• provide the young person with contact details for relevant agencies and explain what services they provide
    • explain what the young person should expect when they attend a specific service. Tell the young person that they may need to attend several appointments, depending on their needs
    • ensure the young person has everything they need to successfully attend a clinic or service. For example, will there be a fee and do they have money? Will they need and do they have their Medicare card? Do they know how to book an appointment online or over the telephone?
    • ask if they would like practical help or emotional support to attend an appointment? The young person may feel scared, especially if they are attending an appointment for an STI screen or to receive emergency contraception for the first time. If they do, make sure you or someone else the young person knows and trusts is available to take the young person, and
    • follow-up with the young person about the appointment and ask if they need any further support. They may have a prescription that needs to be filled and or a referral to a specialist service. Provide reassurance and practical assistance as much as possible. 

    If a young person advises you that they may be pregnant, support them to get immediate, non-judgemental and appropriate health support. The young person will have a short timeframe to make decisions about continuing a pregnancy and should have access to accurate health information and an explanation of what options they have.

    Where a young person indicates they are considering a termination of pregnancy, refer to Chapter 3.2 Termination of pregnancy (abortion)


    The following services are available in the metropolitan area to support young people with their sexual health and related matters:

    The Sortli app, which can be downloaded for free, also provides information on sexual health and encourages young people to link in with appropriate health services. 


    Privacy concerns and access to sexual health services can be greater issues for young people who live in rural and remote areas.

    Work with a young person to find an appropriate service they feel comfortable with in their area, or if possible, support them to travel to an area where services are available.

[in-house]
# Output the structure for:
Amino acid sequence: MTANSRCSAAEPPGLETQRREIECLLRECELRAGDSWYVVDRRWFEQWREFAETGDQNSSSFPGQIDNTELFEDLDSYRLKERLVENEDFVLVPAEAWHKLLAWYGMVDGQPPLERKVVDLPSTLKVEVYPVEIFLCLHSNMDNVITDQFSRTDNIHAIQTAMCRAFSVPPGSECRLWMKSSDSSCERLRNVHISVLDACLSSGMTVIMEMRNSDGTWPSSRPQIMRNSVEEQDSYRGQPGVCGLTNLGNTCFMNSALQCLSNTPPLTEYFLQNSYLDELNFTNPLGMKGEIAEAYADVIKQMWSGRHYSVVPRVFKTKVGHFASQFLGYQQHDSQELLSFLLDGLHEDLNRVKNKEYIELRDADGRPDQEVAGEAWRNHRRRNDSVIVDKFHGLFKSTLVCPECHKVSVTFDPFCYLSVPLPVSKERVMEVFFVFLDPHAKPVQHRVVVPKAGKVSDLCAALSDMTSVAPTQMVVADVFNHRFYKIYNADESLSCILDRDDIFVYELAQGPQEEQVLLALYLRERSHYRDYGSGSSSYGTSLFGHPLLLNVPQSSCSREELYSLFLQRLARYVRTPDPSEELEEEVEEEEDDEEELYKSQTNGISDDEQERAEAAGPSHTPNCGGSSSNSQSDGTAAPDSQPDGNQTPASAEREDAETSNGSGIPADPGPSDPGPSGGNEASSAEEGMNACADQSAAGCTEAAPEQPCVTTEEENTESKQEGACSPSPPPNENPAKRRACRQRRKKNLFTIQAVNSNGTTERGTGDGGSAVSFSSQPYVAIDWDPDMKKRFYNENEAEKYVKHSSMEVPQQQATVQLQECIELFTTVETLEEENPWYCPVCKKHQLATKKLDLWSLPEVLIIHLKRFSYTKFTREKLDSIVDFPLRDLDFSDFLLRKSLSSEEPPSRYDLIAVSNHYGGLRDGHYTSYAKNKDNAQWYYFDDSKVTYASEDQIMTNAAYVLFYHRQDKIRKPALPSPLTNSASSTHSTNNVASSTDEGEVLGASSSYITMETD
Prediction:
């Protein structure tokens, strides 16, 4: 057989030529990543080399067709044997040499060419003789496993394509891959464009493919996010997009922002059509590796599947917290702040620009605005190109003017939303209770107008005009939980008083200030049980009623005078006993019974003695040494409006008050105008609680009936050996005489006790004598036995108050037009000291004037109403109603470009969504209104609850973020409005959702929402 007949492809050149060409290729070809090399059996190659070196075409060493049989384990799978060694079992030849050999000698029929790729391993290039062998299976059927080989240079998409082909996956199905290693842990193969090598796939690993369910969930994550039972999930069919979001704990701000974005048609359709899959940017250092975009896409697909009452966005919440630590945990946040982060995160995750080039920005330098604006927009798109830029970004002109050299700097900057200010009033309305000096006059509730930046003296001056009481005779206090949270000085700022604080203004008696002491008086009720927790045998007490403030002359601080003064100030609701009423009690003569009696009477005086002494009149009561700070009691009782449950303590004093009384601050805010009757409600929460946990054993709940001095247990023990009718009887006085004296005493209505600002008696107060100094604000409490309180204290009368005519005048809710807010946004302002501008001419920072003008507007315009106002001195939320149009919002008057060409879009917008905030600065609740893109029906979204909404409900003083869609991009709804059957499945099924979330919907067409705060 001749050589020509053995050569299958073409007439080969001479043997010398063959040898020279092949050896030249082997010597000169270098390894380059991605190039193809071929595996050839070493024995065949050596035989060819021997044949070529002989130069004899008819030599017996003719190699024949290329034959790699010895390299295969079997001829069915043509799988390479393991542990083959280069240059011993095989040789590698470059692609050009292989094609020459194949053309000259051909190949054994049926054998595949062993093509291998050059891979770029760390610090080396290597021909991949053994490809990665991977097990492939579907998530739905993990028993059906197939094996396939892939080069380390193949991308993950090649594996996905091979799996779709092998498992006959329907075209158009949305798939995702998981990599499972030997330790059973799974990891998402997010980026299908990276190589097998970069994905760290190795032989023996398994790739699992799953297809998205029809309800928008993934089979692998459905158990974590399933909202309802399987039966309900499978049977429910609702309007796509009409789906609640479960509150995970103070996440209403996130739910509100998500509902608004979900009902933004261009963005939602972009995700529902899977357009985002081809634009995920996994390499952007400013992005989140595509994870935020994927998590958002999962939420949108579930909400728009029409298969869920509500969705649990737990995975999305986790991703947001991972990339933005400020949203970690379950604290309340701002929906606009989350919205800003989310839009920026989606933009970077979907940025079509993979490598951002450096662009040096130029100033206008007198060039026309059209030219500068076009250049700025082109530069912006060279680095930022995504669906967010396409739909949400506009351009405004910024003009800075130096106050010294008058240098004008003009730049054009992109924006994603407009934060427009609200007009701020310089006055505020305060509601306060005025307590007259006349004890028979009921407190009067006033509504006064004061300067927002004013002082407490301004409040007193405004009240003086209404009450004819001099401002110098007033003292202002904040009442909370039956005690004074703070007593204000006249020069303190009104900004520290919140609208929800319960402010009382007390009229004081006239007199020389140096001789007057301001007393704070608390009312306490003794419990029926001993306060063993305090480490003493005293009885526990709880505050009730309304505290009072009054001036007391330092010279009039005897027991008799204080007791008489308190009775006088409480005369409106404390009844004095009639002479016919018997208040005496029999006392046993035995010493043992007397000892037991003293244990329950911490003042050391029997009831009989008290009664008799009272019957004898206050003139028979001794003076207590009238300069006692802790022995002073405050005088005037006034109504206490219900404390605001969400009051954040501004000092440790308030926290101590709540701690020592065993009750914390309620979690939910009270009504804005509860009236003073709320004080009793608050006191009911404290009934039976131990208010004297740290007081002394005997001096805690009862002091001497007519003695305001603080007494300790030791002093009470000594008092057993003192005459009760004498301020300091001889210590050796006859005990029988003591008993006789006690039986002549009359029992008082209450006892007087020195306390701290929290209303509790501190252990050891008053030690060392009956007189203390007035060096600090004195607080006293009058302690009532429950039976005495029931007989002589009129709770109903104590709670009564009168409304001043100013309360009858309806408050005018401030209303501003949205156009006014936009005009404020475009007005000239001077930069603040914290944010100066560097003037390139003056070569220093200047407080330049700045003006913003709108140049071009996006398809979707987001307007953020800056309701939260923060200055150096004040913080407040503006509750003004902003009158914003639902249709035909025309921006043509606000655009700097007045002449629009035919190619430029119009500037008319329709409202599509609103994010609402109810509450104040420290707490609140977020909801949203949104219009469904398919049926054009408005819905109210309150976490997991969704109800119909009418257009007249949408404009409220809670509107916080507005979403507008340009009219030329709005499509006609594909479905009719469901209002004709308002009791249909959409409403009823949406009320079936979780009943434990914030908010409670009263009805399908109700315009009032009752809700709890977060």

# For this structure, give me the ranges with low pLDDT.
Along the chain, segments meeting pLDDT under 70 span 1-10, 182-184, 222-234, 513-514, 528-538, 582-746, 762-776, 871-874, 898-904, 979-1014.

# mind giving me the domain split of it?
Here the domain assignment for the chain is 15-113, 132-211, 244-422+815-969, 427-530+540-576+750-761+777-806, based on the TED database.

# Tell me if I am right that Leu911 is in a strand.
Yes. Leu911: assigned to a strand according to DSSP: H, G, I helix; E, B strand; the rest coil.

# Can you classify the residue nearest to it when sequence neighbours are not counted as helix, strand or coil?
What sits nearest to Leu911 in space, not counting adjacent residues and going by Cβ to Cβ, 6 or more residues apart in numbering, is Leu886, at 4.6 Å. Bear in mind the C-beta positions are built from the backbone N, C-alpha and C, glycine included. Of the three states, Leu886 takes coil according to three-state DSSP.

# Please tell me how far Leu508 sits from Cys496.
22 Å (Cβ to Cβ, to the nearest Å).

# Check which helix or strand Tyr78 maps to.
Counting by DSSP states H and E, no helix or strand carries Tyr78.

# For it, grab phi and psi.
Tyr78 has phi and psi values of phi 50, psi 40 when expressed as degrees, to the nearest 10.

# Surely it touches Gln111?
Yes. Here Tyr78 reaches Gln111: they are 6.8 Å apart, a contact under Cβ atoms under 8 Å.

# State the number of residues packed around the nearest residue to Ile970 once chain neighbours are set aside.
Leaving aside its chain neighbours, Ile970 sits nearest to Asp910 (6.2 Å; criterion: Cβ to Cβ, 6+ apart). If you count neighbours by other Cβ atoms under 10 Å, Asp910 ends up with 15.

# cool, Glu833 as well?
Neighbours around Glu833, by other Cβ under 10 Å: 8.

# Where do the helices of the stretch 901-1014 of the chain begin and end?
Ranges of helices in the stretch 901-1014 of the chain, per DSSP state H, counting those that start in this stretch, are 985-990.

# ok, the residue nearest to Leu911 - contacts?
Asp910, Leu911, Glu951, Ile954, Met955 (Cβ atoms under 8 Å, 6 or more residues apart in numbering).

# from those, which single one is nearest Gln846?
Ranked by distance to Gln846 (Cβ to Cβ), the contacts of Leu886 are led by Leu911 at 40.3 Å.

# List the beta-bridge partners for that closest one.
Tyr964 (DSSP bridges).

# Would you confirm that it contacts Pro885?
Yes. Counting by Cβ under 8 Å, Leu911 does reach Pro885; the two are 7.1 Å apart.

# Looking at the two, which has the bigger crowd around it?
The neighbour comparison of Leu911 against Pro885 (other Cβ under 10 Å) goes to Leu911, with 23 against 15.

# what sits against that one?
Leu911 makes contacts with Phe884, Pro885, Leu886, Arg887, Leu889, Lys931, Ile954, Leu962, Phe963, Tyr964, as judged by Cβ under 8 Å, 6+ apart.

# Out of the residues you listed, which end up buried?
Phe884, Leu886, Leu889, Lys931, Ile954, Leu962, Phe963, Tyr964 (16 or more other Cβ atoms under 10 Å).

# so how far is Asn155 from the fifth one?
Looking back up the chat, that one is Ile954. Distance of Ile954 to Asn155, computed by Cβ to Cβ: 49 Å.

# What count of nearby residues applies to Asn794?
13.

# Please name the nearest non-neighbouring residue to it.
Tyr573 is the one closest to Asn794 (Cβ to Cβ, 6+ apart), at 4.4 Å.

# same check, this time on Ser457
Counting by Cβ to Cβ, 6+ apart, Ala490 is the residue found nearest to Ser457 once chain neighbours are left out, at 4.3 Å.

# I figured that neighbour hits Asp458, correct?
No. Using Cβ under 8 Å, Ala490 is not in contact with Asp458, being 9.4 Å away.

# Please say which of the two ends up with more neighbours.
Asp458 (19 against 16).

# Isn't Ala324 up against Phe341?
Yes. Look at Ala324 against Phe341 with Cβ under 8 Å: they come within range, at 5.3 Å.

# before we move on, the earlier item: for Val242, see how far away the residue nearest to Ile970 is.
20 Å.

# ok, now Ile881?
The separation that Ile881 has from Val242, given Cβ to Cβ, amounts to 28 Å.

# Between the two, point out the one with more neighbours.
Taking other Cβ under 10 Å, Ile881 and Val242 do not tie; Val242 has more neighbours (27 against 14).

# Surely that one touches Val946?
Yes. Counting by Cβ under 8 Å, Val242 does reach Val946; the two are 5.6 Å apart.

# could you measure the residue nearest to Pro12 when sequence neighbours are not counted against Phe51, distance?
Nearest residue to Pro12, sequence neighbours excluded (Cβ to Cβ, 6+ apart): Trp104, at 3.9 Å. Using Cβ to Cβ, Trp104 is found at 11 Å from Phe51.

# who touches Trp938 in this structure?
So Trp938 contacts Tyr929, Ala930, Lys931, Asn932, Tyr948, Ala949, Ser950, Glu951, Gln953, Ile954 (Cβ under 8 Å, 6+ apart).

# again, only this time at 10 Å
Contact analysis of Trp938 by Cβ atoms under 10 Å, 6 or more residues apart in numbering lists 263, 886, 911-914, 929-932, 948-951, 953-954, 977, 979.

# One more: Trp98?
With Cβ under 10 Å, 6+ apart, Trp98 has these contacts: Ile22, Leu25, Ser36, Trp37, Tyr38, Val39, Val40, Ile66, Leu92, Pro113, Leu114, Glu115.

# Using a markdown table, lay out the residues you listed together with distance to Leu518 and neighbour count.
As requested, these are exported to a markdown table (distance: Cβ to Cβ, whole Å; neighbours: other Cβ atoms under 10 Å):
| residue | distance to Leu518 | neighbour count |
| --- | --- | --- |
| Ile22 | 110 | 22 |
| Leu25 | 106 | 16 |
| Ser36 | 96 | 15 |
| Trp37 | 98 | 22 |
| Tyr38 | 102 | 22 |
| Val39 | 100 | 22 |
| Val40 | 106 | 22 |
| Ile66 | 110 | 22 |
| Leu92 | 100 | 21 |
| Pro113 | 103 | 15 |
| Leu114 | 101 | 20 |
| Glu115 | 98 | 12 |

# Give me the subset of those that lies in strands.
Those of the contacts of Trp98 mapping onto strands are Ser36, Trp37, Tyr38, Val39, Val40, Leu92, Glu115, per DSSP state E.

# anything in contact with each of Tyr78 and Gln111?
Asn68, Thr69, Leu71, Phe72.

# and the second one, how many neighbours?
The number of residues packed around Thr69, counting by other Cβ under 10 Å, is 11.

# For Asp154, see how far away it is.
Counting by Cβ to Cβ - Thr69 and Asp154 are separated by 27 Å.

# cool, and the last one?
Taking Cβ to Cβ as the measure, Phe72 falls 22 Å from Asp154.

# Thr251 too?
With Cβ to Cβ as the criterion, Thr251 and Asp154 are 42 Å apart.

See the Western Australian Aids Council website for a comprehensive directory of sexual health services, focusing on where to get tested for STI's, across rural and remote areas.

    Telehealth may also be an appropriate option for a young person.


    MAPPA is a website that provides details and the location of all Aboriginal health services in a particular area. This website is run by the Aboriginal Health Council of Western Australia (AHCWA) with the goal of helping Aboriginal people and communities to access health services as close to home as possible. It can also provide the following information:

    • Service schedules for visiting and outreach services.
    • Travel routes to help you get to the service.
    • Relevant cultural information for the area where the service is located, such as Lore time and community events.
    • Weather and road condition information. 
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    Consent

    You should not assume that a young person understands 'consent'. Consent should be discussed with the young person and is as important for the young person to understand as other areas of sex education, such as how to have safer sex. If you are unsure if a young person understands consent, ask them. If you - or they - do not feel comfortable having this conversation, ask the young person what adult they would feel comfortable discussing this with and talk to that adult about the importance of the young person understanding consent.

    Legally, consent must be "freely and voluntarily given" by a young person who is at least 16 years old. A young person under the age of 16 years cannot legally give consent to engage in a sexual act, even if they agree to it. Young people under 16 years are more vulnerable to abuse and exploitation, so consider each situation on a case by case basis.

    The age of consent is the same regardless of the young person's gender, or if they are engaging in a sexual act with a person of the same or a different gender.